All is not well even in the better-off countries of Western Europe. The deportation of Roma from France caused a major scandal in that country and then-president Nicolas Sarkozy came close to being accused of fascism. All this simply confirms that there is a problem and it needs to be resolved in a civilized manner. This means introducing various social programs and gradually integrating Roma into the cultural and economic life of the countries where they live. This is the path that most European countries have chosen to take. However, it’s not a straightforward task. Even in wealthy European countries where people don’t mind seeing their tax money go to a very broad range of social programs and are happy to provide welfare to refugees from third world countries, completely integrating Roma has not proved possible.
In Eastern European countries like Hungary, Romania and Bulgaria, the situation is far worse. There, efforts were made to socialize Roma communities even in communist times: entire blocks of high-rise apartment buildings were built and Roma were forcibly settled there. But after socialism collapsed, these districts gradually turned into even more hideous ghettoes than the movable camps. For anyone who accidentally ends up in such an area, the impression is dreadful: no plumbing, broken windows, mountains of garbage that the residents of these vertical slums have been tossing into the yard out of the windows of their apartments. Plenty of photos and video documentaries of such neighborhoods are available on the internet. What they clearly demonstrate is that simply resettling gypsy camps from plywood huts to properly constructed buildings does not resolve the issue of socialization.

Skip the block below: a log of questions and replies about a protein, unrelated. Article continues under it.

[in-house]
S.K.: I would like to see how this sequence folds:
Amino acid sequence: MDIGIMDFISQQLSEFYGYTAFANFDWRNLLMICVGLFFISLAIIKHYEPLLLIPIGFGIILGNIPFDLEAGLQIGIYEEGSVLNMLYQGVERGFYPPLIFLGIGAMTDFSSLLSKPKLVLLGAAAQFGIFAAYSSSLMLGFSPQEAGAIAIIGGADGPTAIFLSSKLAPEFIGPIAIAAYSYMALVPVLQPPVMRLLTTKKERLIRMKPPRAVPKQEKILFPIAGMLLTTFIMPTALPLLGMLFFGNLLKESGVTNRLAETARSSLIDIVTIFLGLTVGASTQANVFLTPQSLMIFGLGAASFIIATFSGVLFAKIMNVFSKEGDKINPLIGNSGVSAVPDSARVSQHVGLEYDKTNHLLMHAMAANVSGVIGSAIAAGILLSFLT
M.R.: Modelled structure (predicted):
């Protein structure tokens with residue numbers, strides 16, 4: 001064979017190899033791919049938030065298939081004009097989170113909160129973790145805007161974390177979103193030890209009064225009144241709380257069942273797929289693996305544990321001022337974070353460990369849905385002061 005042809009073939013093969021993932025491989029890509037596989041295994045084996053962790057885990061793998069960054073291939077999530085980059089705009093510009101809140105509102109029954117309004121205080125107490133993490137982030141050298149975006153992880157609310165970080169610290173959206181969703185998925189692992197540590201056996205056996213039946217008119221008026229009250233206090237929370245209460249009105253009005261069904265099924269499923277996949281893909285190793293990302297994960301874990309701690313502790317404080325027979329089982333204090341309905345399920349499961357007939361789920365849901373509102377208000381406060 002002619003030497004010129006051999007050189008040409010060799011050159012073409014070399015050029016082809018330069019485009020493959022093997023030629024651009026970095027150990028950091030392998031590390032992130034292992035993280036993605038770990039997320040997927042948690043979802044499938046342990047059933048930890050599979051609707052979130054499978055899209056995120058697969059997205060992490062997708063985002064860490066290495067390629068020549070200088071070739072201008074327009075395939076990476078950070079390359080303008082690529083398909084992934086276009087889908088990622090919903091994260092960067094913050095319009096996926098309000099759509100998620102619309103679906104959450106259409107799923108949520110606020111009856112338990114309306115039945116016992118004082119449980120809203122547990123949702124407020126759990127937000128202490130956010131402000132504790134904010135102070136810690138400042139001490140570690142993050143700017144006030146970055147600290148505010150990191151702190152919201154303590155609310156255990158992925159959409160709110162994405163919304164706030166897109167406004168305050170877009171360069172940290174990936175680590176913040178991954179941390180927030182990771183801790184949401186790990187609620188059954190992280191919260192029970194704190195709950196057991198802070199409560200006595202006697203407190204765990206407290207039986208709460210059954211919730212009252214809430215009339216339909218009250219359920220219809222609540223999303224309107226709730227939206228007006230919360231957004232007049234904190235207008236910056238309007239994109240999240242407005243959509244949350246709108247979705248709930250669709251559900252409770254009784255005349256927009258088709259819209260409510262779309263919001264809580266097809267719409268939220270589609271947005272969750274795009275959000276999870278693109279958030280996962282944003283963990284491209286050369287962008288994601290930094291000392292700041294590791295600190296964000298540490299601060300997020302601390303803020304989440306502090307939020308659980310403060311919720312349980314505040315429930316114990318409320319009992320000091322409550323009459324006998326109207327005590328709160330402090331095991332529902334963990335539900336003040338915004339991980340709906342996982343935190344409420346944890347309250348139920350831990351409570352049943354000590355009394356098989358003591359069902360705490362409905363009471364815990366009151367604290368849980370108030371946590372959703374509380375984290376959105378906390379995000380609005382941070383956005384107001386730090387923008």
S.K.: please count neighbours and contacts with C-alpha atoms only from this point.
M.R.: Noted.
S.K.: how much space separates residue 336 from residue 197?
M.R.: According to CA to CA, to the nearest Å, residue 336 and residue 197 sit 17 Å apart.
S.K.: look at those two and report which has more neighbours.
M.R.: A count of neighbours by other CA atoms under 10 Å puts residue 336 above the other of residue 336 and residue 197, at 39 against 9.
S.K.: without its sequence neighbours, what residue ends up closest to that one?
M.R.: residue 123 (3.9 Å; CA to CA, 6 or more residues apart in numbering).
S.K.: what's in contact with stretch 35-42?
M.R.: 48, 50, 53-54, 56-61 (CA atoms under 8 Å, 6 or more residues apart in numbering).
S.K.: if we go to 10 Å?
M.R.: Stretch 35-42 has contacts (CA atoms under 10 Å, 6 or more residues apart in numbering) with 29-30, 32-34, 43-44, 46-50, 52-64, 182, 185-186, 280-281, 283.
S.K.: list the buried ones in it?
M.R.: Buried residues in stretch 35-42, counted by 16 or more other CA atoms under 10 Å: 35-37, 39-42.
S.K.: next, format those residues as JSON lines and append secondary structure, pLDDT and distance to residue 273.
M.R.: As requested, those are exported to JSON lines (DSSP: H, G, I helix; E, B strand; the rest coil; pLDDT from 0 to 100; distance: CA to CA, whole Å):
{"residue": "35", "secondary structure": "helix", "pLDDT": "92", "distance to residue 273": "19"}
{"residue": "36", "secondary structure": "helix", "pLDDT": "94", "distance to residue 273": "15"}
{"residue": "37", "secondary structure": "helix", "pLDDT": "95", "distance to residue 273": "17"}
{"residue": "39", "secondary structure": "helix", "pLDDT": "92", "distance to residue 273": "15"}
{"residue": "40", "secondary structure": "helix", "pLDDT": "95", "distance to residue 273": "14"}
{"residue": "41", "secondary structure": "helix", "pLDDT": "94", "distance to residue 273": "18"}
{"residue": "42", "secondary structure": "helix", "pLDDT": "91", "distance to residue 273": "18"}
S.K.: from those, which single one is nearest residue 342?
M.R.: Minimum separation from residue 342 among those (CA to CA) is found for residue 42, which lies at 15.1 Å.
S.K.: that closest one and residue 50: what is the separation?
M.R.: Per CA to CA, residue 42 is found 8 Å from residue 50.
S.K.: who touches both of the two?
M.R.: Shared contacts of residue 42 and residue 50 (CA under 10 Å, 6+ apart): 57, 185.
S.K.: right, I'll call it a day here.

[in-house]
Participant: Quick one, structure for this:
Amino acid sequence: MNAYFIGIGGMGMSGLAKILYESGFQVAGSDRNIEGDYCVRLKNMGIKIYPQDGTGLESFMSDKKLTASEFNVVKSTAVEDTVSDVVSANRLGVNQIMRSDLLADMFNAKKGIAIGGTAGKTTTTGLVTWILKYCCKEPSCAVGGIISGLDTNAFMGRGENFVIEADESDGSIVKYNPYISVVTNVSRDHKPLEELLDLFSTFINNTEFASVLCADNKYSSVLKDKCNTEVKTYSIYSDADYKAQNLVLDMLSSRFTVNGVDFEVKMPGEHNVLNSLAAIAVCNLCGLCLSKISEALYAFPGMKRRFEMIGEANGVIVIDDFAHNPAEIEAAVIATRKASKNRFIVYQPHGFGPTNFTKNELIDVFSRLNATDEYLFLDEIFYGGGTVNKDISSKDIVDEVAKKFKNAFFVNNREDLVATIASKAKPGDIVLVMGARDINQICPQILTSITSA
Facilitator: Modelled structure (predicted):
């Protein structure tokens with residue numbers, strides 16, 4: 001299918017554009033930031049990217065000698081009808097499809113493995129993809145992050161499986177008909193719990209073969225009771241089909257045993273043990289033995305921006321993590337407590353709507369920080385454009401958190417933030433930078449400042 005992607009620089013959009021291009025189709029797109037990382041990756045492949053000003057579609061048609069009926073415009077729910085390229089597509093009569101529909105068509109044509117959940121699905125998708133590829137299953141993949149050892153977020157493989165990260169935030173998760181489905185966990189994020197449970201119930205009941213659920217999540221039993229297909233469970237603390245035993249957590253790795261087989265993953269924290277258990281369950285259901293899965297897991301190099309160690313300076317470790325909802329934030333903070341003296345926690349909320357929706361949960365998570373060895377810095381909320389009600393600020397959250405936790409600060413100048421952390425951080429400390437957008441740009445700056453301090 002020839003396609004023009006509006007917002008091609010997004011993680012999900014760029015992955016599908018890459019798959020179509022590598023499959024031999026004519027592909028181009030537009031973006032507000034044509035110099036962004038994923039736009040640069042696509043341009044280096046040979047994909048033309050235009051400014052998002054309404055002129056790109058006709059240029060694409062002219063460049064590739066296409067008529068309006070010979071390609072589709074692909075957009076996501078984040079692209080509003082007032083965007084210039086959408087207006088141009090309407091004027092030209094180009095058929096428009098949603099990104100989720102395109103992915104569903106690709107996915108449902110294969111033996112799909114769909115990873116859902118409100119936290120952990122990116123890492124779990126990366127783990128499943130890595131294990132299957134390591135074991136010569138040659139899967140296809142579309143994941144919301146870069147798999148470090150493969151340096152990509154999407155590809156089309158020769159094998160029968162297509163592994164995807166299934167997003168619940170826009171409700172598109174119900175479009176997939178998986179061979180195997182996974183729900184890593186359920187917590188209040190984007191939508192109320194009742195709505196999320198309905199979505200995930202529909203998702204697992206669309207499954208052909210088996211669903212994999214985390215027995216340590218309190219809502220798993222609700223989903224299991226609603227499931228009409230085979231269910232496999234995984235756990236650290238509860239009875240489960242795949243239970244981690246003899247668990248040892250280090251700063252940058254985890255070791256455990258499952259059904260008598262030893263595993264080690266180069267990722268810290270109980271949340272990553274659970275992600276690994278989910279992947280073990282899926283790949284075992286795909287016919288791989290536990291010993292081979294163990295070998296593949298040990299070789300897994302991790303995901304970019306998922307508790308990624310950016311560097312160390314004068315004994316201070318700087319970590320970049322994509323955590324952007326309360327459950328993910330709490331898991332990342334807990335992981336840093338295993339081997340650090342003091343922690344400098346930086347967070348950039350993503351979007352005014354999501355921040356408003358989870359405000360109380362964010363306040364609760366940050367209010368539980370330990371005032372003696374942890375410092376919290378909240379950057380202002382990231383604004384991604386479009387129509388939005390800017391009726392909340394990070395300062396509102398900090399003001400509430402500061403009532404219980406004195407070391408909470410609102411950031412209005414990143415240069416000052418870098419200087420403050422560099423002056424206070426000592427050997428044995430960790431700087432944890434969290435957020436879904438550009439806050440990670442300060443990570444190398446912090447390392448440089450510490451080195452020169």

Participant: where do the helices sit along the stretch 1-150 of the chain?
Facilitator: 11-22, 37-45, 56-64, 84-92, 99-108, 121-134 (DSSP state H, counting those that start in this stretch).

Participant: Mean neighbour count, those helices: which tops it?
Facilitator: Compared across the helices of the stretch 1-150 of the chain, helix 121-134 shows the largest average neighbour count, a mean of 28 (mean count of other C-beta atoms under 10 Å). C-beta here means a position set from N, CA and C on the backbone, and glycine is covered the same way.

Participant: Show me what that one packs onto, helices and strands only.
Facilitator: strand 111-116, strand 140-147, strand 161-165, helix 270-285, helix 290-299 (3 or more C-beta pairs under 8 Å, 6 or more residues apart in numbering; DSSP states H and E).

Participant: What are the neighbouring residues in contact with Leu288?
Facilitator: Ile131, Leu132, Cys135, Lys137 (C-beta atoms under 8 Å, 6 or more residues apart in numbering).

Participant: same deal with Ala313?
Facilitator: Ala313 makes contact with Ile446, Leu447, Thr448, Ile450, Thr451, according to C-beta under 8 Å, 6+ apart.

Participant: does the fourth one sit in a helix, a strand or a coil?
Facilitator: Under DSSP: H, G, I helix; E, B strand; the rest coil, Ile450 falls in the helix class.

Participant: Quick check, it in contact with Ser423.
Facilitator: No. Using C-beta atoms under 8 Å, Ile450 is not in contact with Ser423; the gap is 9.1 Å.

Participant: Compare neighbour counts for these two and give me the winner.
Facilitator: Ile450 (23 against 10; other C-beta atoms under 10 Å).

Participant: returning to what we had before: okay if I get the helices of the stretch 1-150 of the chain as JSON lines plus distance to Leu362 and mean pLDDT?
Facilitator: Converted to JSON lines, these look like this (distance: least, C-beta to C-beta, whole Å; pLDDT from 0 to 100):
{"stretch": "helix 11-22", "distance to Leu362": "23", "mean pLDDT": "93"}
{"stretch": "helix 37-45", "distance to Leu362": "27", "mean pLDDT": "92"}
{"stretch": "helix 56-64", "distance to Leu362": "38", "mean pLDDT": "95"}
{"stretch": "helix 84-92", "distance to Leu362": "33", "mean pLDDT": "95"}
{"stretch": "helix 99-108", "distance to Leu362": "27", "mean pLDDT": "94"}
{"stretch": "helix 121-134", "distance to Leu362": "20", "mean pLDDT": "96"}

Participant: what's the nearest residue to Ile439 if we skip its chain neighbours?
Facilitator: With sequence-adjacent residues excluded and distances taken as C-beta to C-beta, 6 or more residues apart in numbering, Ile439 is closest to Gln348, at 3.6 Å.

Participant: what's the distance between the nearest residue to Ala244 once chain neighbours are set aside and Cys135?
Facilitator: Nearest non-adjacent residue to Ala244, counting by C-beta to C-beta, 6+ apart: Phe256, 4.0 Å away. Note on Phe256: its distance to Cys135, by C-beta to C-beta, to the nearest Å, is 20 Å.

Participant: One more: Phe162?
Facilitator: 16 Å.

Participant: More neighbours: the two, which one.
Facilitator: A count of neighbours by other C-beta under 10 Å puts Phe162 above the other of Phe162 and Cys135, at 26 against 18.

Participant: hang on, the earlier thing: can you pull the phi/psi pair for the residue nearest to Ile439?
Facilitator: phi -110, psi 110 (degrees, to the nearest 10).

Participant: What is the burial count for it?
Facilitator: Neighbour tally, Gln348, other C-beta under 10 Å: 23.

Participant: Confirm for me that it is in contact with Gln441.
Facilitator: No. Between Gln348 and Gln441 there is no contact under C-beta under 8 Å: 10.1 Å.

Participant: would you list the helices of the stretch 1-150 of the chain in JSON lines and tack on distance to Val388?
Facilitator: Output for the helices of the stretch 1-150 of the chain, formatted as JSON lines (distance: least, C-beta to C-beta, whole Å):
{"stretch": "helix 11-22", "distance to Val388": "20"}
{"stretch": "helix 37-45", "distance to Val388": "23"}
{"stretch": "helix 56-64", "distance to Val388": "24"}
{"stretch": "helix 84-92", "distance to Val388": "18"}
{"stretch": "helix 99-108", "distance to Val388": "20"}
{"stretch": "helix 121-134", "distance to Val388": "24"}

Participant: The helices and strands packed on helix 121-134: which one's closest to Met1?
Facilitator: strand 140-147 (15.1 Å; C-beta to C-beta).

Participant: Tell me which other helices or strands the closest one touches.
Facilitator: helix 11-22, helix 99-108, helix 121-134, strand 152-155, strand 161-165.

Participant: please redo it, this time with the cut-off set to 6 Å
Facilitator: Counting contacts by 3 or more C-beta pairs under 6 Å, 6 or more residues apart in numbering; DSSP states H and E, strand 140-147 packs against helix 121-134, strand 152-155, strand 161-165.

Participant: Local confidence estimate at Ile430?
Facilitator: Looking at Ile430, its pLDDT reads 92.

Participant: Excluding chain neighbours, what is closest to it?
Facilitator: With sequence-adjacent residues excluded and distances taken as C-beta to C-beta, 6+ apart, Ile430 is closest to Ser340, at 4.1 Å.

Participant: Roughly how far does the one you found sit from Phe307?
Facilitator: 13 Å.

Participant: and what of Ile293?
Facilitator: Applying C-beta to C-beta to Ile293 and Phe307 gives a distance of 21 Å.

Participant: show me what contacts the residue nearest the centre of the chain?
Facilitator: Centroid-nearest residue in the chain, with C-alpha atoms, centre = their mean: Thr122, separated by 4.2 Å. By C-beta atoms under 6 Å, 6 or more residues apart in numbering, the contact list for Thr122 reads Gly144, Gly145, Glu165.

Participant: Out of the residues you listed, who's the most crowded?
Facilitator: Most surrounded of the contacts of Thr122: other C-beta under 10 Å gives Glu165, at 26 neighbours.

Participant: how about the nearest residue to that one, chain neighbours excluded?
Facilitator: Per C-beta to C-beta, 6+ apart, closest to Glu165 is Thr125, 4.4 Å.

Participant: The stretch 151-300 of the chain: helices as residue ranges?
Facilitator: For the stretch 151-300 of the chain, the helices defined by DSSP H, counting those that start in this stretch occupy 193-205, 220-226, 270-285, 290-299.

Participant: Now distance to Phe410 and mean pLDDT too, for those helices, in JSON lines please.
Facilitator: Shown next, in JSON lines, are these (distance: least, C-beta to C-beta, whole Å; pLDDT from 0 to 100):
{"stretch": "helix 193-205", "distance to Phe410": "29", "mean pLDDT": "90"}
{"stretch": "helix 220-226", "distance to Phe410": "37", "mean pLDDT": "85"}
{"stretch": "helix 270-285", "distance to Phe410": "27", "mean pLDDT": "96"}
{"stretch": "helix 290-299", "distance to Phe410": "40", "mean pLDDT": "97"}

In the 21st century, camps and ghettoes are just as abnormal a phenomenon as pogroms, and they need to become a thing of the past as soon as possible. People should not be living in shacks made out of scrap. If a society doesn’t like such spontaneous settlements in its neighborhood, then its interest should be to help Roma integrate into a more stable environment and to adopt a healthier lifestyle. Simply tearing down illegal camps won’t resolve anything, and violence even less so. Practice has also shown that welfare payments don’t help Roma break out of the toxic ghetto environment and change their way of life.
For Roma to be able to adapt socially, a more comprehensive approach is needed. If a country provides public housing, then the way to avoid setting up ethnic islands, this housing needs to be in neighborhoods with non-Roma Ukrainians and other ethnic minorities. Greater oversight needs to be instituted over the spending of welfare, including child support benefits. One reasonable approach would be to set up a system in which families whose children attend kindergarten or school on a regular basis are provided with a bonus on top of their regular benefits. At the same time, parents have to be held responsible for preventing their children from going to school and for not taking proper care of them. In particularly heinous cases, they should have parental rights withdrawn. It should be unacceptable for a child to grow up in terrible, unhealthy conditions, without basic vaccinations and without schooling.
This is not about a “wave of Ukrainian fascism.” Back in 2013, Amnesty International wrote in its report that Roma were persecuted across all of Europe and faced “shocking discrimination.” It’s clear that Ukraine is not some kind of unique case or demonstrates exceptional discrimination towards Roma. The Roma community runs into the same problem everywhere. Conflicts with the residents of Roma camps and attacks on them will continue until the government begins to pay real attention to the existence of these settlements and to understand that something must be done about them.
Serhiy Zakharov is an artist from Donetsk known for his plywood caricatures of “Novorossia” leaders installed on the city streets in 2014. The installations resulted in his captivity in Donetsk that year. In his interview with The Ukrainian Week, Serhiy speaks about his complex relations with his city and the attitudes of the creative crowd to politicians